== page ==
Pebworth & Summers
The Poems of Owen Felltham 1604?-1668, ed. Ted-Larry Pebworth and Claude J. Summers (University Park, Pa., 1973)
Kees Van Strien, ‘Owen Felltham's A Brief Character of the Low-Countries: A Survey of the Texts’, English Manuscript Studies 1100-1700, 6 (British Library, London, 1997), 132-74
The merchant, estate manager, essayist and poet Owen Felltham is best remembered for his major, popular, compilation Resolves, which was first published (anonymously) in 1623, went through seven more revised and expanded editions in his lifetime, and four posthumous editions up to 1709. A less important prose work which also went through several editions was his satirical Brief Character of the Low-Countries, written probably in his merchant days in the 1620s, first published in an unauthorised truncated edition in 1648 and then in his authorised edition in 1652. Unlike Resolves, the Character was subject for some years to wide dissemination in manuscript copies, of which thirty-one are currently recorded (FeO 71-100).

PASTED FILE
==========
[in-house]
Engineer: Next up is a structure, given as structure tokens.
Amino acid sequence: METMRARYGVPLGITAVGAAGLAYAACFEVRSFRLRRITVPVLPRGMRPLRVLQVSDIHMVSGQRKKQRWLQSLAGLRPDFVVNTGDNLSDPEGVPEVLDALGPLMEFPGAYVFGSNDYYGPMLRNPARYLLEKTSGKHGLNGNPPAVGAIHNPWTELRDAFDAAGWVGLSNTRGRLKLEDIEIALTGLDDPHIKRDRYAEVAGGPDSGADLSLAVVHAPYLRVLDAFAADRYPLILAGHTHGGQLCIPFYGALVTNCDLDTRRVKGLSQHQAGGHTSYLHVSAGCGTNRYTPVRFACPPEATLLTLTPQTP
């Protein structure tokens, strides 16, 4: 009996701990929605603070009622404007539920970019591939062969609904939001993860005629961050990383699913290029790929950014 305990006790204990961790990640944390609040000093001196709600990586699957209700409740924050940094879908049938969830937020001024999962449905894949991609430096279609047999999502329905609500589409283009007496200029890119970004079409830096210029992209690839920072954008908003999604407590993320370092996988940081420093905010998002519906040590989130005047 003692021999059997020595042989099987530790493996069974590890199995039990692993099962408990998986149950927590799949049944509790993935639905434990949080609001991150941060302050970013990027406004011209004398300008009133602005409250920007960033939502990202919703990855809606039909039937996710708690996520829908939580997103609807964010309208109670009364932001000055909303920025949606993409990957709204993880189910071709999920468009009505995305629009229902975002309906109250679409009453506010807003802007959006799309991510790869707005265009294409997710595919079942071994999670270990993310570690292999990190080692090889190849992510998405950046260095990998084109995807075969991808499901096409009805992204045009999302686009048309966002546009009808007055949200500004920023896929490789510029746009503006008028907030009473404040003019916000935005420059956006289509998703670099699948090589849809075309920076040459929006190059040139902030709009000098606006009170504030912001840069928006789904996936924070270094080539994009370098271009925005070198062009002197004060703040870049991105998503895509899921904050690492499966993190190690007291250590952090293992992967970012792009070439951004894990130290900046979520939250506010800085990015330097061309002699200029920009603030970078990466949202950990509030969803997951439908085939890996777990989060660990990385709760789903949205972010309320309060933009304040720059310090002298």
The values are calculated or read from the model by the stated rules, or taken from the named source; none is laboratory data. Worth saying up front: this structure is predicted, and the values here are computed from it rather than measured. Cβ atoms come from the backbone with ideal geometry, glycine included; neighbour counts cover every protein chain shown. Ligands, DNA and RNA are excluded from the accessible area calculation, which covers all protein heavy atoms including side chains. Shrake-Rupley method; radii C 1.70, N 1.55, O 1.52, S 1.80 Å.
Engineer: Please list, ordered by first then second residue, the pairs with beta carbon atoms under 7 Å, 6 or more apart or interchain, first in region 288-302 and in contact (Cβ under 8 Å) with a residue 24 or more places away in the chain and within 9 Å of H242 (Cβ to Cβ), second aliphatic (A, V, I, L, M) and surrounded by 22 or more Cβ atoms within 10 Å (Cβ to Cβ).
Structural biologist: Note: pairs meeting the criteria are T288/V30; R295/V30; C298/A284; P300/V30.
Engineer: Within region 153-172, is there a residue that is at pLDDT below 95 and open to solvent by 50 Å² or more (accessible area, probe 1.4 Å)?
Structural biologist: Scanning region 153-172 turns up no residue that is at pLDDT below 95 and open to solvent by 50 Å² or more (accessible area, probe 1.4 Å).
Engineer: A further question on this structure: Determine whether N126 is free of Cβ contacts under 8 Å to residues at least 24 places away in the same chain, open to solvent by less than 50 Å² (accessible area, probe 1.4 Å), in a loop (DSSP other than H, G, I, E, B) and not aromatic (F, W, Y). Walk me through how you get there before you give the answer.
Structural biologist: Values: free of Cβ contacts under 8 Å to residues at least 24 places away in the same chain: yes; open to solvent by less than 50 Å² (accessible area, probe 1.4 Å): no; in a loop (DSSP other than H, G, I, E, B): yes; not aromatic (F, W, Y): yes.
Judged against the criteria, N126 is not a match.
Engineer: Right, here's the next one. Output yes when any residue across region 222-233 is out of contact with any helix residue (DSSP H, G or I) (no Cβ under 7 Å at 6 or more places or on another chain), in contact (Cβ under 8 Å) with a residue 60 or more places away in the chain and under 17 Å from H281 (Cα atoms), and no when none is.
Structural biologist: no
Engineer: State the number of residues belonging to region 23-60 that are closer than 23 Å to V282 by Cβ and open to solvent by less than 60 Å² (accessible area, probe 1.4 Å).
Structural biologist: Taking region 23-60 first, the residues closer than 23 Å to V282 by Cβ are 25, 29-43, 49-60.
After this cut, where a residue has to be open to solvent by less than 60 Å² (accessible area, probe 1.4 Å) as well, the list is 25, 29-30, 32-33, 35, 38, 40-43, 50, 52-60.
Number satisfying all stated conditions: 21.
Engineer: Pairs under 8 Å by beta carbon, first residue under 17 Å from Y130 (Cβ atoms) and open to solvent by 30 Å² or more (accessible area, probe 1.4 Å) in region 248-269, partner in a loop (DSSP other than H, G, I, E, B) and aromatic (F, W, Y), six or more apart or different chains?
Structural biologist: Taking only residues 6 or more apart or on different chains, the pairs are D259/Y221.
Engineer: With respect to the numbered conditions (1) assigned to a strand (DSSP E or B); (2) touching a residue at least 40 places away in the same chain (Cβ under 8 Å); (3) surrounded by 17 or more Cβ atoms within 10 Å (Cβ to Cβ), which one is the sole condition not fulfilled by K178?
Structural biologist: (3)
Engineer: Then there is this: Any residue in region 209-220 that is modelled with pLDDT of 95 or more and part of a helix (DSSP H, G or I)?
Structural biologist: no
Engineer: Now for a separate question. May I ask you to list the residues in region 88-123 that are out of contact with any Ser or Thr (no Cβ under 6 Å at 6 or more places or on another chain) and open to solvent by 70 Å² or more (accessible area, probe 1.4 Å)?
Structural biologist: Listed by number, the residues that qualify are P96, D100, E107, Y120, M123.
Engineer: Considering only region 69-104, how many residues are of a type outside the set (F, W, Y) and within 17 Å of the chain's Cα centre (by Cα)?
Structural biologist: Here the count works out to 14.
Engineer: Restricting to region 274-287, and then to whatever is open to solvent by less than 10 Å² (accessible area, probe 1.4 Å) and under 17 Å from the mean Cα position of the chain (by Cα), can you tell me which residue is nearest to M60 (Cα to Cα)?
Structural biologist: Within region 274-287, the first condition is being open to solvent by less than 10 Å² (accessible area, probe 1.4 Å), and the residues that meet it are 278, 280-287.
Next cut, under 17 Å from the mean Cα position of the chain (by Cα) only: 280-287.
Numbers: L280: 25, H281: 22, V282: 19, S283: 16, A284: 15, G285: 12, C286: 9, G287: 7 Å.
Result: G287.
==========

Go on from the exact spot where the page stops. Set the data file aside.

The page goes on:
Although Felltham published some of his poems during his lifetime, particularly in Lusoria, or, Occasional Pieces appended to the eighth edition of Resolves (1661), his poetry, written over a period on a variety of public and personal topics, some reflecting his literary circle (which included Sir Kenelm Digby, Ben Jonson and Thomas Randolph), was also subject to some measure of circulation in manuscript. His most popular poem, judging by the number of its occurrences in contemporary verse miscellanies, was his lyrical A Farewell (‘When by sad fate by fate I summoned am’) (FeO 23-35). No attempt to collect Felltham's moderately scattered verse and establish a canon was made until the Pebworth-Summers edition of 1973.